Sponsored By
Clare Goldsberry

June 30, 2016

6 Min Read
Next target for the anti-plastic crowd: Your garden hose

Advocacy group the Ecology Center (Ann Arbor, MI) has just released a new study that shows many plastic garden and yard water hoses contain high levels of toxic lead and phthalate chemicals. The new research discovered that half of the PVC hoses tested contained electronic waste (e-waste) vinyl contaminated with toxic chemicals.

Image courtesy chrisroll/

The researchers tested 32 garden hoses from six national retailers, including The Home Depot, Lowe’s and Amazon, for lead, cadmium, phthalates, bromine (associated with brominated flame retardants), PVC, antimony and tin (indicating oganotins). Water from select hoses was also tested. Such chemicals, said a press release announcing the study’s results, have been linked to birth defects, impaired learning, liver toxicity, premature births and early puberty in laboratory animals, and hormone disruption among other serious health problems. Results were released last week at www.HealthyStuff.org.

The report calls on national retailers and manufacturers to phase out the use of lead, phthalates and contaminated vinyl scrap plastic in garden hoses. “Even if you actively avoid putting harmful chemicals into your yard or garden in the form of pesticides, you could still be adding hazardous chemicals into your soil by watering with one of these hoses,” said Gillian Miller, PhD, staff scientist at the Ecology Center. “The good news is that none of these chemicals are necessary in garden hoses, and a number of safe hoses are available.”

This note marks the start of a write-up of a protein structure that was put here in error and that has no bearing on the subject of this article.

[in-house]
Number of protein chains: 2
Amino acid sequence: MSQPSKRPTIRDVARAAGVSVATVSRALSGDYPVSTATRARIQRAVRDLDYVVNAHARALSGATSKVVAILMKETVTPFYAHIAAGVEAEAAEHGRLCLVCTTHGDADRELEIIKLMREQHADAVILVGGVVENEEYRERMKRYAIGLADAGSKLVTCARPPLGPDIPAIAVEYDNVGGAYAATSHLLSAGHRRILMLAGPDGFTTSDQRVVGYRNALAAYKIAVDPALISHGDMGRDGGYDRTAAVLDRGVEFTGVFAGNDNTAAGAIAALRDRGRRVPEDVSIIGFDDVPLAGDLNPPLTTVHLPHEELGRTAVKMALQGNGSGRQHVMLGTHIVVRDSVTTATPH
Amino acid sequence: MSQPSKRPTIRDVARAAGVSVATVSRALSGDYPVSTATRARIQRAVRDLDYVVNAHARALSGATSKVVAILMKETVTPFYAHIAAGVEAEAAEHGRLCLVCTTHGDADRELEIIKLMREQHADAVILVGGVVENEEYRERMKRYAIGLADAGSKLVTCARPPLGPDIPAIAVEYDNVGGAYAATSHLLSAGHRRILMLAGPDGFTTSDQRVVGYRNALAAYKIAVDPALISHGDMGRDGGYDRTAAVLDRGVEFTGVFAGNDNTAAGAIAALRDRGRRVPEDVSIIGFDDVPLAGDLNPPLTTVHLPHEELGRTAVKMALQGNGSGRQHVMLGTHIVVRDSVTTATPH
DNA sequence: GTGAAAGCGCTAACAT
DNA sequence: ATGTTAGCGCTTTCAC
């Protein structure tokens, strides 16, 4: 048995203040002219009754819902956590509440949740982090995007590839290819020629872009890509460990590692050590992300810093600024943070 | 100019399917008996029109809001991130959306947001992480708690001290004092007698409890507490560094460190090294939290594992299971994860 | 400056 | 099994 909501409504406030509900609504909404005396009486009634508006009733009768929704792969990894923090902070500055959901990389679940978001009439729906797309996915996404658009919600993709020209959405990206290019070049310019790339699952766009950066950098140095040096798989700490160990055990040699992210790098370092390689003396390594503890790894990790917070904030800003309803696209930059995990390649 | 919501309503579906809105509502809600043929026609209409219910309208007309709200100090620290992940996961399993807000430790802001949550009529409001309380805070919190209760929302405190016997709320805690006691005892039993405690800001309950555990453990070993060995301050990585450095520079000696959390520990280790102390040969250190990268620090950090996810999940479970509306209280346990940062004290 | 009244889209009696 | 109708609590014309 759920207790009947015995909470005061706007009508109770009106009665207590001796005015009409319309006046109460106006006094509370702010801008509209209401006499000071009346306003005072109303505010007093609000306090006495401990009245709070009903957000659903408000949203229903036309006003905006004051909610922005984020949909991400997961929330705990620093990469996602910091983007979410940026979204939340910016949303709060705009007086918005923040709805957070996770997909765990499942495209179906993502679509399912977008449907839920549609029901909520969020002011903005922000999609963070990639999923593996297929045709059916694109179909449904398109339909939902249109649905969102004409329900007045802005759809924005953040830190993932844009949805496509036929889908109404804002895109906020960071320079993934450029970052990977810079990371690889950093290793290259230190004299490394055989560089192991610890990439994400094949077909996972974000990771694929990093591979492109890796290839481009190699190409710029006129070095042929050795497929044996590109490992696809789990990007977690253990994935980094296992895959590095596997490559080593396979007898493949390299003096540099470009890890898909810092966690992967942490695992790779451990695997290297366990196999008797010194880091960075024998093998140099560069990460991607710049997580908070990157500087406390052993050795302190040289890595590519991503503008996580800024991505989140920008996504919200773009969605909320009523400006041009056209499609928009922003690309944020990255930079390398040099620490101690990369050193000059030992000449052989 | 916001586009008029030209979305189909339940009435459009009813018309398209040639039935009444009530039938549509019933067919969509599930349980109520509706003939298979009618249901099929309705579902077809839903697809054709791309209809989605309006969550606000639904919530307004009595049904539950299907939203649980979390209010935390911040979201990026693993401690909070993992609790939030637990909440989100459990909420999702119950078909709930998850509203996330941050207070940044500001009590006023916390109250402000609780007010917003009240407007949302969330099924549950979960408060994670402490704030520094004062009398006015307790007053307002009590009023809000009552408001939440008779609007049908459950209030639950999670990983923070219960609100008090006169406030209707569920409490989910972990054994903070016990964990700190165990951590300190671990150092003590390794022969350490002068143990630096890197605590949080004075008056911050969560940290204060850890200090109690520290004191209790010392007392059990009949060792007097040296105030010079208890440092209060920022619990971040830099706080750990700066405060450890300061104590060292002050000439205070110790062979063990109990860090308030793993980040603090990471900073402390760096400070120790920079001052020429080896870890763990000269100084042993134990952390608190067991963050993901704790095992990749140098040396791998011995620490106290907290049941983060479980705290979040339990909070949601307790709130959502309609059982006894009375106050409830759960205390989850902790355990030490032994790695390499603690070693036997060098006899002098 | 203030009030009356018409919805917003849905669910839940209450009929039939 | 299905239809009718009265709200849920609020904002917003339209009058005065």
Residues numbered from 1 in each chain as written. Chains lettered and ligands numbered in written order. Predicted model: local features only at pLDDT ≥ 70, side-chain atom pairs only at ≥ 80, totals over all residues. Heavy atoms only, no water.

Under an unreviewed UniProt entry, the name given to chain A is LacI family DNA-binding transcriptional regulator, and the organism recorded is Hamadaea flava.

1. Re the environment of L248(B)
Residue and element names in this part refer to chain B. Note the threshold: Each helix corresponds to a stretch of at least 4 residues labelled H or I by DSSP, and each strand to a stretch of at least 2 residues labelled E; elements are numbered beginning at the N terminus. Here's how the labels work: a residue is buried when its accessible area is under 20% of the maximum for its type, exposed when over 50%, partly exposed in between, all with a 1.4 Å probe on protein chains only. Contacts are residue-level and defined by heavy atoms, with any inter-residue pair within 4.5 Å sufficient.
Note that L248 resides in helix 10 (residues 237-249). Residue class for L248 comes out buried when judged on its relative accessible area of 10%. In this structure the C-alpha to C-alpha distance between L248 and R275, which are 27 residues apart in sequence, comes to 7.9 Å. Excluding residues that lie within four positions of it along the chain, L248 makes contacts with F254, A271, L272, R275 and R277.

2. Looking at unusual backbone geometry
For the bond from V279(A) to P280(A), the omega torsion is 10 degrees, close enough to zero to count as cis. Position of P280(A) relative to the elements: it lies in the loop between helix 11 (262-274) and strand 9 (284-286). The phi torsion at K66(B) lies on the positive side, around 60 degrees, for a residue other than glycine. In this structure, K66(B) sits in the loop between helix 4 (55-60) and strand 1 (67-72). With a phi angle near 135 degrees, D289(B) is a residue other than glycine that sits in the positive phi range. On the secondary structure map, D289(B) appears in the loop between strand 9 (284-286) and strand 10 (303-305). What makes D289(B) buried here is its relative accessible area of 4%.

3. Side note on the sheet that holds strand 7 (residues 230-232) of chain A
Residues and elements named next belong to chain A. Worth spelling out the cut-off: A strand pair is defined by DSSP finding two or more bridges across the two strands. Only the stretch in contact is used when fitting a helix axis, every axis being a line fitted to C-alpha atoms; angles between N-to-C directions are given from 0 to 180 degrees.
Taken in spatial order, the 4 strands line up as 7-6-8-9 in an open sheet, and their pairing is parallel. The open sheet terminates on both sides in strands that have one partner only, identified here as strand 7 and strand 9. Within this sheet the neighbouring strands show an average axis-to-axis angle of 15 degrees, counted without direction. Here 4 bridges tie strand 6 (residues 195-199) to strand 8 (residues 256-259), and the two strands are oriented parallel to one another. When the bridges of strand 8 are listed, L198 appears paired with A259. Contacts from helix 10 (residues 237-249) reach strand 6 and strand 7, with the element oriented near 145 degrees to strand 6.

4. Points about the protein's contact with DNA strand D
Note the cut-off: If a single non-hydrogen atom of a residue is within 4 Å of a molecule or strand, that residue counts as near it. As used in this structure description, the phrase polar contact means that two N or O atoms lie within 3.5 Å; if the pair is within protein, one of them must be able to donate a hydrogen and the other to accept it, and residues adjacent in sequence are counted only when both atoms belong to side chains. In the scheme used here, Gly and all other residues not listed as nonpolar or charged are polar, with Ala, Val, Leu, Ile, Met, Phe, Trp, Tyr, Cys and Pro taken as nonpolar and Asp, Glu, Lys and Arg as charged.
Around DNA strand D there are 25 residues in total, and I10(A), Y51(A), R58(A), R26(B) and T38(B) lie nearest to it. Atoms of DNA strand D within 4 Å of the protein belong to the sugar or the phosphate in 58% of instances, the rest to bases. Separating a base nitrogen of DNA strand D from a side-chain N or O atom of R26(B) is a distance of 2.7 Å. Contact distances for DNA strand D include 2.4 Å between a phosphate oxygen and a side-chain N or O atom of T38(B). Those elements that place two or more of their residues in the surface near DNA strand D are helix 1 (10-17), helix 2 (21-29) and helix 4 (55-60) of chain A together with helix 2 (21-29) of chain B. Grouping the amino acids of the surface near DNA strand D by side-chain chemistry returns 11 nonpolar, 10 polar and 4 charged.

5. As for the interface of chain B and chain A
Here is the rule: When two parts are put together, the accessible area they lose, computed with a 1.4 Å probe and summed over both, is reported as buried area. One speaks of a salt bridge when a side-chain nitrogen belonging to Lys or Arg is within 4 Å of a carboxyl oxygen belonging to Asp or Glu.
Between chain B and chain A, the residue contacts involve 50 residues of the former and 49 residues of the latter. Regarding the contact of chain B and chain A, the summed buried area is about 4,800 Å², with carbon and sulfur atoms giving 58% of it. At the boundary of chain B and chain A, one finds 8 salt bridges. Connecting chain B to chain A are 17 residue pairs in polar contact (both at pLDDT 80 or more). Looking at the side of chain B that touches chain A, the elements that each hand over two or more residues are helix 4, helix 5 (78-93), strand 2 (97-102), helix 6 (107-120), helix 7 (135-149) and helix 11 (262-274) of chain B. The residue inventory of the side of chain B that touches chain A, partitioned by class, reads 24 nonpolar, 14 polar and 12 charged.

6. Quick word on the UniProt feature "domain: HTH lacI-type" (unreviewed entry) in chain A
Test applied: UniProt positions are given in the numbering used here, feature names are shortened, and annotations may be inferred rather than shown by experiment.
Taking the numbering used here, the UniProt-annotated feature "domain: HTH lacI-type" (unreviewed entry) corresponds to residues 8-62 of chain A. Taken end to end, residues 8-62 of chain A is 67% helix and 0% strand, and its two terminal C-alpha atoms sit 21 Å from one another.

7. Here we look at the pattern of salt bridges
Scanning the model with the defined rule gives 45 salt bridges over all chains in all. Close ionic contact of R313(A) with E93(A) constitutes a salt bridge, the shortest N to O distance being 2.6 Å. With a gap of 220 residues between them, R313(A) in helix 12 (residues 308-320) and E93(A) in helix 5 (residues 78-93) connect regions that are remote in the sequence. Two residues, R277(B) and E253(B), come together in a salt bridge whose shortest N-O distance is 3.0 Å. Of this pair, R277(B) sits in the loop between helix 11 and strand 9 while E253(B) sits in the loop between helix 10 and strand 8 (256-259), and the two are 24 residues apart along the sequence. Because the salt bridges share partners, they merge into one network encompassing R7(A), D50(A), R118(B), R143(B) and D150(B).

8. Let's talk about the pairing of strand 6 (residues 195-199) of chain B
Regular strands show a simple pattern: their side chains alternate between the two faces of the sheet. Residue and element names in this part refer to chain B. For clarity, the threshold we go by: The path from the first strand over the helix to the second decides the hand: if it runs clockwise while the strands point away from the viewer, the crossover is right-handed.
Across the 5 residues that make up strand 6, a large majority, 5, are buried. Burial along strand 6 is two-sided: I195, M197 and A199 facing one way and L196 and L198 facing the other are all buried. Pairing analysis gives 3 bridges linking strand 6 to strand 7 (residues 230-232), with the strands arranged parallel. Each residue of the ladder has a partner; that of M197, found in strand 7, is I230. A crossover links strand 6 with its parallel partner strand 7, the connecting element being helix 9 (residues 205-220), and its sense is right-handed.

It seems that nothing is safe from the plastic fear mongers.

This isn’t the first such report. In researching this so-called problem, I found that every summer—usually in June or the first part of July—Healthy Stuff releases its newest report on toxic garden hoses. This is to ensure you get your summer off to a fearful start. These reports go back as far as 2012, with one appearing on July 3, 2014, then updated on June 29, 2015.

Other publications pick up these reports and re-publish them as “science,” which is what mercola.com did,  when it published Healthy Stuff’s study in its June 24, 2014, online publication. Dr. Mercola goes through the usual laundry list of all the toxic chemicals that plastics contain, and explains why people should use alternative materials such as “glass dishware, storage containers and drinking bottles in lieu of plastics.” He’s at least smart enough to note that there are no “glass garden hoses.”

Supposedly, watering your garden with one of the toxic hoses sprays your vegetables with toxic chemicals that leach out of the hoses and into your food, especially in summer when the water running through the hoses is hot. Dr. Mercola recommends letting the water run until it’s cold because “the water that’s been left sitting in your hose, and heating up in the sun, will be the most chemical-laden.”

In Arizona that would mean letting water run somewhere (into the ground where it goes into the soil and ultimately into underground aquifers? Or into the gutter on the street and into the city water system?). But that means a lot of wasted water, and we live in a world in which potable water is becoming in short supply. In the deserts of the Southwest, we’re encouraged not to waste water but to conserve it. I’m not sure how “green” the good doctor’s advice really is.

On one website, Free-Range Kids: How to Raise Safe, Self-Reliant Children (Without Going Nuts with Worry), I found an excerpt from a book by Julie Gunlock (her real name—not a political statement, the heading notes), From Cupcakes to Chemicals: How the Culture of Alarmism Makes us Afraid of Everything and How to Fight Back. She writes: